How Nigerian hit movie ‘Black Book’ broke Netflix

This was the year Nollywood made Netflix history. The Black Book, a revenge thriller from first-time director Editi Effiong became the first-ever Nigerian film to soar to No. 3 on Netflix’s worldwide film charts.

The film, made for $1 million garnered 5.6 million views just 48 hours after its Sept. 22 bow on the platform and was watched by more than 20 million people in its opening weeks, breaking Netflix’s Top 10 list in more than 69 countries.

The film stars Nigerian film legend Richard Mofe-Damijo as Paul Edima, a deacon whose dark past returns after his son (Olumide Oworu) is framed for kidnapping by a corrupt police gang and Edima swears revenge.

While critics have dubbed The Black Book Nigeria‘s answer to John Wick, the film combines action and its revenge storyline with a primer on Nigerian history, tracing the past 40 years from life under military rule to the current climate, where, in Effiong’s words, “many in the military just changed into civilian clothes and ran for government.”

Government corruption, police brutality and the often futile struggle of ordinary Nigerians for justice form the backdrop for Effiong’s impressive action sequences.

“Authenticity was key for us, showing Nigeria as it is, in a way that Nigerian people would recognize,” says Effiong. “Not a Hollywood version of Lagos, but Lagos as we Nigerians see it.”

The film’s success has raised the bar for Nigerian movies, which have proven a driving force for Netflix and other streaming services as they look to expand across Africa and to export African cinema worldwide. An August report from market intelligence group Digital TV Research expects the African SVOD market to see major growth in the coming years, with SVOD subscriptions forecast to hit 18 million by 2029, more than double the estimated eight million today.

The Nigerian movie industry is at “the point right now where the world needs to take notice,” says Effiong.

The Black Book director spoke to The Hollywood Reporter from Lagos about making “the biggest film out of Nollywood” and why the Nigerian film industry is strong.

Were you surprised when The Black Book dropped on Netflix and became a monster hit overnight?

No, I wasn’t. Let me explain. This is my first film as a director and I remember the first day on set, the first crew meeting. I was going crazy. I’m just walking around thinking: This is actually happening. I looked around and I was probably one of the least-experienced people in the room.

So I said: Look, guys, this film is, the scale of the script, is probably unlike anything you’ve ever done, it’s going to test everyone, it’s going to push everyone. But if you just give me your trust and we do what we’re planning to do, we are going to make the best film any of us have ever made.

About two weeks into shoots, my script supervisor pulls me aside and say: Editi, I thought you were a bit cocky at that first meeting. But I think I’m seeing it now.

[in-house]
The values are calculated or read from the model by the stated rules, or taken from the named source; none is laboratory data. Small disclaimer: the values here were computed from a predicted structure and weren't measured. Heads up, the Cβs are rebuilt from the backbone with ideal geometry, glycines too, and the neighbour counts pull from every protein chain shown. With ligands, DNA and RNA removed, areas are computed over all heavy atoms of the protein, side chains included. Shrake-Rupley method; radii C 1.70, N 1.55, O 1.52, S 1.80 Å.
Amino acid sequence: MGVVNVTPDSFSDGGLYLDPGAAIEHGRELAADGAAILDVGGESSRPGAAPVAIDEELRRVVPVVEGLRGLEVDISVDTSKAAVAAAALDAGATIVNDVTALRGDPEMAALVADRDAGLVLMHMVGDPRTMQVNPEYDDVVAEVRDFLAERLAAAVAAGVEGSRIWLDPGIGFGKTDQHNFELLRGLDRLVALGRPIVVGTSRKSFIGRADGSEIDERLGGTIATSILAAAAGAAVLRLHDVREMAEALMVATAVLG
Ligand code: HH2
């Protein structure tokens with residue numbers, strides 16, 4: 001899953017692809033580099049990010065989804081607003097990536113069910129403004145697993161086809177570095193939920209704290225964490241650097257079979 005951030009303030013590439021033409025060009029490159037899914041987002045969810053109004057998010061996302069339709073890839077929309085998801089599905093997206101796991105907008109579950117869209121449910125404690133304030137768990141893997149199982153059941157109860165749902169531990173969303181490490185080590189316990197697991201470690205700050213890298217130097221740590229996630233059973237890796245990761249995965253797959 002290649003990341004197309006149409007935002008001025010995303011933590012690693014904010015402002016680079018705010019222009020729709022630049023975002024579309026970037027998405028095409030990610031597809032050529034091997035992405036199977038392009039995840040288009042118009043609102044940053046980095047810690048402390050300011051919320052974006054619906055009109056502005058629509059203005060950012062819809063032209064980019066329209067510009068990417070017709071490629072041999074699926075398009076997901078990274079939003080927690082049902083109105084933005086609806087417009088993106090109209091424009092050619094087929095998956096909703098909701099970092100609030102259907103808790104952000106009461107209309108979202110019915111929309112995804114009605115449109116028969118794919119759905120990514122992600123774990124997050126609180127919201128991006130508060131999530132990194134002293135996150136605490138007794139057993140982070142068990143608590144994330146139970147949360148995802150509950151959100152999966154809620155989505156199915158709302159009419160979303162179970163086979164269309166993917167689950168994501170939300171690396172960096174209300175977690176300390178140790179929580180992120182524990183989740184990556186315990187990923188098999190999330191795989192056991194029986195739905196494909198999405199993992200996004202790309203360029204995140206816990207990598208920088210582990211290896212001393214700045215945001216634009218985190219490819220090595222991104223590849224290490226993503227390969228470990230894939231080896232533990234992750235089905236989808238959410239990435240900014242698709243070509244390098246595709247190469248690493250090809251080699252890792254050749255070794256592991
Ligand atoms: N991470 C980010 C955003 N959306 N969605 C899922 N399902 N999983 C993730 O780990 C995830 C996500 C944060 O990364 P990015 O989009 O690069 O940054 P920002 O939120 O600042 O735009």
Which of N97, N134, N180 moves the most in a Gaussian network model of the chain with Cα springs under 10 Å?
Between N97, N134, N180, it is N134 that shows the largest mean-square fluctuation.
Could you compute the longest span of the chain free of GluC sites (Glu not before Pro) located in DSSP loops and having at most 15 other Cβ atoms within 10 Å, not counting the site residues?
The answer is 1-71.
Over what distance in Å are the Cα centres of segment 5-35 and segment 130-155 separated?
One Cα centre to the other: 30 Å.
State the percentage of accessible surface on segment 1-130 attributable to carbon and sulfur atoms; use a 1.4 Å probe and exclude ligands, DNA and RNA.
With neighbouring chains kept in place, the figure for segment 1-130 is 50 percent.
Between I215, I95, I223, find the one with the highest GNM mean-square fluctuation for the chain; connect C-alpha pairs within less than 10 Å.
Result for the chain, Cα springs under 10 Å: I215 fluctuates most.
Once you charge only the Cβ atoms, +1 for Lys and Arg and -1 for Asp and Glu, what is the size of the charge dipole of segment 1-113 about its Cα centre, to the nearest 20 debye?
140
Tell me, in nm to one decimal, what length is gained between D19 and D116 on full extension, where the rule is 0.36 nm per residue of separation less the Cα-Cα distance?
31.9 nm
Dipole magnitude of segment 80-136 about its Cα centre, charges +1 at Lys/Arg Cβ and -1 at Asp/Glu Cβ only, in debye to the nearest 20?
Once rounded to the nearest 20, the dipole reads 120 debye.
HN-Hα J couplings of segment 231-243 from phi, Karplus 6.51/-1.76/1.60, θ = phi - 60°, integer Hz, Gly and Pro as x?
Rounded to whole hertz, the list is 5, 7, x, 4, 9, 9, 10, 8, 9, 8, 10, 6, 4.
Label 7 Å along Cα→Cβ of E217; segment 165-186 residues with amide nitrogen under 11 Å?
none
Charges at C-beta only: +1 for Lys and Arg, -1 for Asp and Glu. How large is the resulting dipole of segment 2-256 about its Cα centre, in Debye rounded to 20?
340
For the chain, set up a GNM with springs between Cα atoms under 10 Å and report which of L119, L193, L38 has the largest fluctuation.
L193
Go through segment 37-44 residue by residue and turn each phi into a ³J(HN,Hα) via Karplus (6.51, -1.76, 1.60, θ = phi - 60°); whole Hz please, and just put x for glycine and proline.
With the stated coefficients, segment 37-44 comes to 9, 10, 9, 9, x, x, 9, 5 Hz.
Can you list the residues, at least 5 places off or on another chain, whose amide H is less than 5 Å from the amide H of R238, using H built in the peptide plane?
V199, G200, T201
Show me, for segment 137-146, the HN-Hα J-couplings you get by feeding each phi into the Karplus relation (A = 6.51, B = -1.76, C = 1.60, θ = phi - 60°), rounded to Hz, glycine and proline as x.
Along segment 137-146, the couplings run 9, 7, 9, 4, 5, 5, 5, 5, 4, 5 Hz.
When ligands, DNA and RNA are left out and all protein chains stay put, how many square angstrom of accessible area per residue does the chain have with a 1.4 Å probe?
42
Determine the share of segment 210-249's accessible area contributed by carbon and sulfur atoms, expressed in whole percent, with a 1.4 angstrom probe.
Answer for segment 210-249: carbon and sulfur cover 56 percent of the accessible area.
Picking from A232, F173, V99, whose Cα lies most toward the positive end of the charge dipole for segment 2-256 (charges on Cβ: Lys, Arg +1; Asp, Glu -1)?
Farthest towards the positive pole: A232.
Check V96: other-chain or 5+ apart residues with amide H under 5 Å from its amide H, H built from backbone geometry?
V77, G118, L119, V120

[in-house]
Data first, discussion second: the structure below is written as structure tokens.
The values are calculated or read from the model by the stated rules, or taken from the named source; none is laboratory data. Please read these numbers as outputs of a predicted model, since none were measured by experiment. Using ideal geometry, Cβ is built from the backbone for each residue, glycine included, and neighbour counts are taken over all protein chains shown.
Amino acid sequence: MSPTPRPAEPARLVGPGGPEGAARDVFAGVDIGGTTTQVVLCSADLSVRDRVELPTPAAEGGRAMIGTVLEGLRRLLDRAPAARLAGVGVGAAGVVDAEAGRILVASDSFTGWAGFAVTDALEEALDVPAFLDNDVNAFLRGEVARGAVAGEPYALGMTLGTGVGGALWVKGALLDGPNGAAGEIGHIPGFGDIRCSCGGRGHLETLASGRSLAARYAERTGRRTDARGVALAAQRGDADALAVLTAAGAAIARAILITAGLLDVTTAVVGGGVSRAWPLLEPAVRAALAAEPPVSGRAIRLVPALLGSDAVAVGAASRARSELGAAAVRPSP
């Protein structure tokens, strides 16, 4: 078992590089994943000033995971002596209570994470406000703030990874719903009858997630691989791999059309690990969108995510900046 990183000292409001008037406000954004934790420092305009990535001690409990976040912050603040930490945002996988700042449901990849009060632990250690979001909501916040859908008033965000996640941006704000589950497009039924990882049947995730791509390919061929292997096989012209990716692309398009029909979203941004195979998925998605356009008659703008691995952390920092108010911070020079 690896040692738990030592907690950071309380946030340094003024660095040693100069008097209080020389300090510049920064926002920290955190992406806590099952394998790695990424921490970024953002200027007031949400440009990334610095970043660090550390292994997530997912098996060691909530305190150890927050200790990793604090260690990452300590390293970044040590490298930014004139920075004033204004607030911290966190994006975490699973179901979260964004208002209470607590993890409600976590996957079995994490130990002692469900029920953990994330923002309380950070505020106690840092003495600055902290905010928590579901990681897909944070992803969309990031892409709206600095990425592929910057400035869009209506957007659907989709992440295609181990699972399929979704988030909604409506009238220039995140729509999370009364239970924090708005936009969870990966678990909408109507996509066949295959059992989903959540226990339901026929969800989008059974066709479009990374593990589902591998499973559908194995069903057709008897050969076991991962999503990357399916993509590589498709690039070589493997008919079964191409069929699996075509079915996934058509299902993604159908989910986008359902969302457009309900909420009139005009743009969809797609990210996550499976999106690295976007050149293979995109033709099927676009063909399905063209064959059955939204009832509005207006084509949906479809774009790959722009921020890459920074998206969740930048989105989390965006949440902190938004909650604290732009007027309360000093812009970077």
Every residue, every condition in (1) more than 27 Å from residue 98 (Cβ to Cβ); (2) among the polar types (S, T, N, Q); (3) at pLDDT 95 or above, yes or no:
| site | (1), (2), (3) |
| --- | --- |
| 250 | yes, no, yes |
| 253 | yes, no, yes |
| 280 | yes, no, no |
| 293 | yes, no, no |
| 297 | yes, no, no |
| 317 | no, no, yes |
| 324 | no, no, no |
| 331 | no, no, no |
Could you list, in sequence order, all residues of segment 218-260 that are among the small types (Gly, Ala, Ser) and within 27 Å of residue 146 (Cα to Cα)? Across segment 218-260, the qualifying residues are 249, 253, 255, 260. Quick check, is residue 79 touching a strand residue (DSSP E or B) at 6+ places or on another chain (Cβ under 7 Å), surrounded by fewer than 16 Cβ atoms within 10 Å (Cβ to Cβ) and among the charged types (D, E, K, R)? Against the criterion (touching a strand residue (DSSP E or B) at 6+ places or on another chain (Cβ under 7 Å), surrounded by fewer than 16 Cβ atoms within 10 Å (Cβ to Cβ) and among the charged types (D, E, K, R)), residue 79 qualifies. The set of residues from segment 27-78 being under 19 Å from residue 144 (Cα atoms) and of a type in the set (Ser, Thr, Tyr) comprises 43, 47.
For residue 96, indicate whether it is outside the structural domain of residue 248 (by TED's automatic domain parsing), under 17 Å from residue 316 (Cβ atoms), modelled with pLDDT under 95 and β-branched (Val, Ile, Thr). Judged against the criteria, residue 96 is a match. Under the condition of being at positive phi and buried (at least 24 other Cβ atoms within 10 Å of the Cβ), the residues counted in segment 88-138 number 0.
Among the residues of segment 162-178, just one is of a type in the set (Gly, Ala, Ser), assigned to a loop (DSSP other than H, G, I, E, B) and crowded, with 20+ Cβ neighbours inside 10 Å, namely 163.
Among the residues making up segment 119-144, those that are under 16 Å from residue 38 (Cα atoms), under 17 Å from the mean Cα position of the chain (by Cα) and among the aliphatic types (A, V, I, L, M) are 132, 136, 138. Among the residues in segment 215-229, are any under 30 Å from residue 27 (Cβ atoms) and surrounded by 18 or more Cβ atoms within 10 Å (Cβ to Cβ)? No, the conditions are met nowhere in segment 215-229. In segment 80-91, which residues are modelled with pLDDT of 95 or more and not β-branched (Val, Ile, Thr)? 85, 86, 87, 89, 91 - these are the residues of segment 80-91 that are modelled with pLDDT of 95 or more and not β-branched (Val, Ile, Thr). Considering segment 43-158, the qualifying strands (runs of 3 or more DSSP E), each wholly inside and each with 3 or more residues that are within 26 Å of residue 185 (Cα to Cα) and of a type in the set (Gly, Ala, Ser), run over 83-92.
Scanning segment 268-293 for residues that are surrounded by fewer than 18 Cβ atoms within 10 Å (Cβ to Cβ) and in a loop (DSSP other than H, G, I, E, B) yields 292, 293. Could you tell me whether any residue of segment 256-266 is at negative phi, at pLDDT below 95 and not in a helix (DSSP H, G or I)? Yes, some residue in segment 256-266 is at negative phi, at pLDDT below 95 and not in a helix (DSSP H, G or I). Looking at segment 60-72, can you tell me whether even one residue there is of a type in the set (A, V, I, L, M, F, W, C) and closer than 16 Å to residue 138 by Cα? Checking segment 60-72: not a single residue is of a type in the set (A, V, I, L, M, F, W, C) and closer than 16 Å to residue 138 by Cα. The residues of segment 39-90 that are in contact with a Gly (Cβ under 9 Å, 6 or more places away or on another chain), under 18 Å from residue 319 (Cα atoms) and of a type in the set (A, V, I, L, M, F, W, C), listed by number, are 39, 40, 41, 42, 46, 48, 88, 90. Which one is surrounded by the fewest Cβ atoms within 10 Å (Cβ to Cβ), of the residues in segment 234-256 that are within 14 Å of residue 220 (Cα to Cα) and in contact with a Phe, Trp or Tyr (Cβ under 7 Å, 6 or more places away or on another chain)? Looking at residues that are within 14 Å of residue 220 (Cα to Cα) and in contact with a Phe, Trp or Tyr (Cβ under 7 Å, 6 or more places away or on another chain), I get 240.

When I was meeting with my investment partners, I told them: This will be the biggest film out of Nollywood. CNN came on set to do a special on the film and I told them: This is biggest Nollywood film yet. You can go back and check, I put that on my Instagram. So when the film comes out, and it was the biggest Nollywood film ever, I went back to my friends at CNN and said: I said it. I did it.

Editi Effiong
Editi Effiong / © AHAM-IBEDEME

But I’m gonna be honest with you. When I refreshed that page, and the daily tracker showed it was a global hit on Netflix. Well, everyone just lost their minds.

What do you think is the secret behind the film’s phenomenal success?

We did everything to the highest standards, the highest standards in production but also, importantly, the highest standards in pre-production. We spent time on the scripts, we spent about two years writing and preparing the script. Usually, Nollywood films are shot over two to three weeks. We shot this over four months.

I spent a lot of time and was very careful to make sure the images on the screen were world-class. I didn’t want to be great by Nigerian standards, I wanted to be great by every standard. From the camera, to the lenses, to the lights. We were the first Nigerian movie to shoot on Panavision cameras and equipment. It was expensive but we went out and raised the money to ensure we could meet those standards.

We also spent a lot of time rehearsing, getting the actors to train for the roles, which also is not standard in a lot of Nollywood movies. The R&D for this film was 13 months and you can see it in the performances.

Many have compared The Black Book to Hollywood action movies like John Wick, but it seems to me to be very specifically Nigerian.

Authenticity was very important to us. It was important for us to see Legos through the eyes of everyone in the city, through the eyes of poor people, middle-class people, and rich people. To show the world in a way that Nigerians can see themselves reflected in it. When the film addresses a subject like police brutality, we tackle it from a Nigerian perspective.